FTC and FCC called on to enforce privacy regulation

(Jan 17, 2019) Multichannel News reports that Public Knowledge has called on the U.S. Federal Communications Commission and the U.S. Federal Trade Commission to enforce customer privacy network information regulation following a report that found a California VoIP provider left millions of text messages and call records on an unsecured database for months. The article states that Public Knowledge Senior Vice President Harold Feld called for the FTC and FCC “to get off the privacy sidelines and into the game.” ... Read More

Bell Canada asks users to share data for targeted ads

(Jan 11, 2019) Bell Canada, the country’s largest telecommunications group, made a decision to begin asking customers for permission to track their activity in an effort to deliver tailored marketing, The Canadian Press reports. Teresa Scassa, who teaches law at the University of Ottawa and holds the Canada Research Chair in Information Law and Policy, said that while the company did a good job in explaining its intent, those who opt in will be providing valuable information with “little to no compensation for... Read More

Senators call for location data investigation

(Jan 10, 2019) The Washington Post reports several Democratic senators are calling for a government investigation into the selling of users' geolocation data. The calls come after a report by Motherboard on the sale of geolocation data. Sen. Kamala Harris, D-Calif., said, "The American people have an absolute right to the privacy of their data, which is why I’m extraordinarily troubled by reports of this system of repackaging and reselling location data to unregulated third party services for potentially nefar... Read More

Investigation finds user location data is for sale on the cheap

(Jan 9, 2019) An article for Motherboard reports that some major telecom companies sell access to customers’ location data. After paying a bounty hunter $300 and providing a phone number, reporter Joseph Cox discovered that he could be tracked to within a few hundred meters. The investigation found that using data from aggregator Zumigo, credit-reporting company MicroBilt sells access to phone geolocation data “with minimal oversight” for about $12.95. Since reporting, the article states that MicroBilt has re... Read More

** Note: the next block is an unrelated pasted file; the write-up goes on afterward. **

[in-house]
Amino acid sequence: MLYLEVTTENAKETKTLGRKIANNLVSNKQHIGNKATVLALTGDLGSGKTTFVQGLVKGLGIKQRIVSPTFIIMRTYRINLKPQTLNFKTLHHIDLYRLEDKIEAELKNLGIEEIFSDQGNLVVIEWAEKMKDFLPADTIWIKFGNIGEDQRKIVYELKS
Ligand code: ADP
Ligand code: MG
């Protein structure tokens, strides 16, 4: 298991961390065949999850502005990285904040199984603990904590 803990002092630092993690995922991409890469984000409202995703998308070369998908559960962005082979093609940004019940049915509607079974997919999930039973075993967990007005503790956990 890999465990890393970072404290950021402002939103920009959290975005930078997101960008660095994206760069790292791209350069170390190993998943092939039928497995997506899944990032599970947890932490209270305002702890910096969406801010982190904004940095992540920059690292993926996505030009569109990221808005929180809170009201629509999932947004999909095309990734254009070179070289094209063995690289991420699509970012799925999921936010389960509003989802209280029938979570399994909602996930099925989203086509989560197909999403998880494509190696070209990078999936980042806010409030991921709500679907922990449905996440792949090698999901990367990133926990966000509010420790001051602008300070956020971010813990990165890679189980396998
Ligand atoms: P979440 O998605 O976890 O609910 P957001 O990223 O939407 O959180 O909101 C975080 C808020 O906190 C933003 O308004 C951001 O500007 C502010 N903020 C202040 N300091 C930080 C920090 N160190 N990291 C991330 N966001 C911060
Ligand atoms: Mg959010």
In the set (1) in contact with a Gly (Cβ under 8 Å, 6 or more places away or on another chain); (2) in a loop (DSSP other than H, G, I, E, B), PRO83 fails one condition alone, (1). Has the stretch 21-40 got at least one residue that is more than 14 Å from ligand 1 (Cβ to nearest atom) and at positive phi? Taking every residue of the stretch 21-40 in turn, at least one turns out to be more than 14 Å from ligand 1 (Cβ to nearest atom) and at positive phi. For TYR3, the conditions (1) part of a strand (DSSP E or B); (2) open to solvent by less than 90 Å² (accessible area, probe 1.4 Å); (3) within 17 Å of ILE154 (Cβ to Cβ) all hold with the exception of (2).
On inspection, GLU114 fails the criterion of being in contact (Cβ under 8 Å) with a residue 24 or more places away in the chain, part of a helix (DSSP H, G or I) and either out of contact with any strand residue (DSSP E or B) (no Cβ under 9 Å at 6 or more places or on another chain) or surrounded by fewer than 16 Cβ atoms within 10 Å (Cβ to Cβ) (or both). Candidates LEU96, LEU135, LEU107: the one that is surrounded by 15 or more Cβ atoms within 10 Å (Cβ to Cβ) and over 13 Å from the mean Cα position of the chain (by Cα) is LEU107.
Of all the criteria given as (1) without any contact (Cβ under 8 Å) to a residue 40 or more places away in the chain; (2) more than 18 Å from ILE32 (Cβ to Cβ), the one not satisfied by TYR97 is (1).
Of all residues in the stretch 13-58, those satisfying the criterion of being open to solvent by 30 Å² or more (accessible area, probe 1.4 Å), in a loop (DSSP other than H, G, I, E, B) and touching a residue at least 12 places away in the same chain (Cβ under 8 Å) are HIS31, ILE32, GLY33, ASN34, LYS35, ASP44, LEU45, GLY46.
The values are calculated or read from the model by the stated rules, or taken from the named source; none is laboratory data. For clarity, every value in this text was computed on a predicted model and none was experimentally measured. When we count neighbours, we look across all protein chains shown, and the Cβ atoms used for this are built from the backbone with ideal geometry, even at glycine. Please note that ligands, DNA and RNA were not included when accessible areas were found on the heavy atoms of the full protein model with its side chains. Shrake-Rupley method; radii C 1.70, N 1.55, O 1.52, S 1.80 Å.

New EECC means changes to EU telecommunications legislative framework

(Jan 1, 2019) The Council of the European Union has published its new European Electronic Communications Code, updating the EU’s rules for telecom/electronic communication services. The new rules mean that as of Dec. 21, 2020, the obligations of the current ePrivacy Directive will apply to over-the-top services, in addition to traditional telecom providers. Rosa Barcelo and Matthew Buckwell write in this Privacy Tracker post that this is primarily due to a change in the definition of electronic communication ... Read More

New European Electronic Communications Code means the application of the ePrivacy Directive to OTTs

(Dec 21, 2018) The ePrivacy Directive (formally ‘Directive 2002/58/EC’) establishes specific rules on privacy for the electronic communications sector, such as limiting the use of traffic and location data and prohibiting listening to communications. As of Dec. 21, 2020, the obligations of the current ePrivacy Directive will apply to instant messaging applications, email, internet phone calls and personal messaging provided through social media — collectively, over-the-top services — in addition to traditiona... Read More

Australia passes controversial encryption law

(Dec 6, 2018) On Thursday, Australia's Parliament passed a bill mandating that technology companies assist the nation's law enforcement to bypass encryption in private messaging apps, Fortune reports. The Assistance and Access Bill will force companies to build so-called backdoors, "but only if the backdoors don't constitute 'systemic weaknesses' in the service's security," the report states. The bill will need royal assent, which, according to the report, is expected before Christmas. The Labor party had tri... Read More

Thune, Markey unveil stricter robocall legislation

(Nov 19, 2018) Sens. John Thune, R-S.D., and Ed Markey, D-Mass., have unveiled legislation aimed to crack down on robocalls, Reuters reports. The bill would give the U.S. Federal Communications Commission the power to impose fines up to $10,000 per call for any company found to have intentionally violated telemarketing rules. Carriers would also be required to install technology designed to verify whether incoming calls are legitimate before they reach citizens’ phones. “Existing civil penalty rules were desig... Read More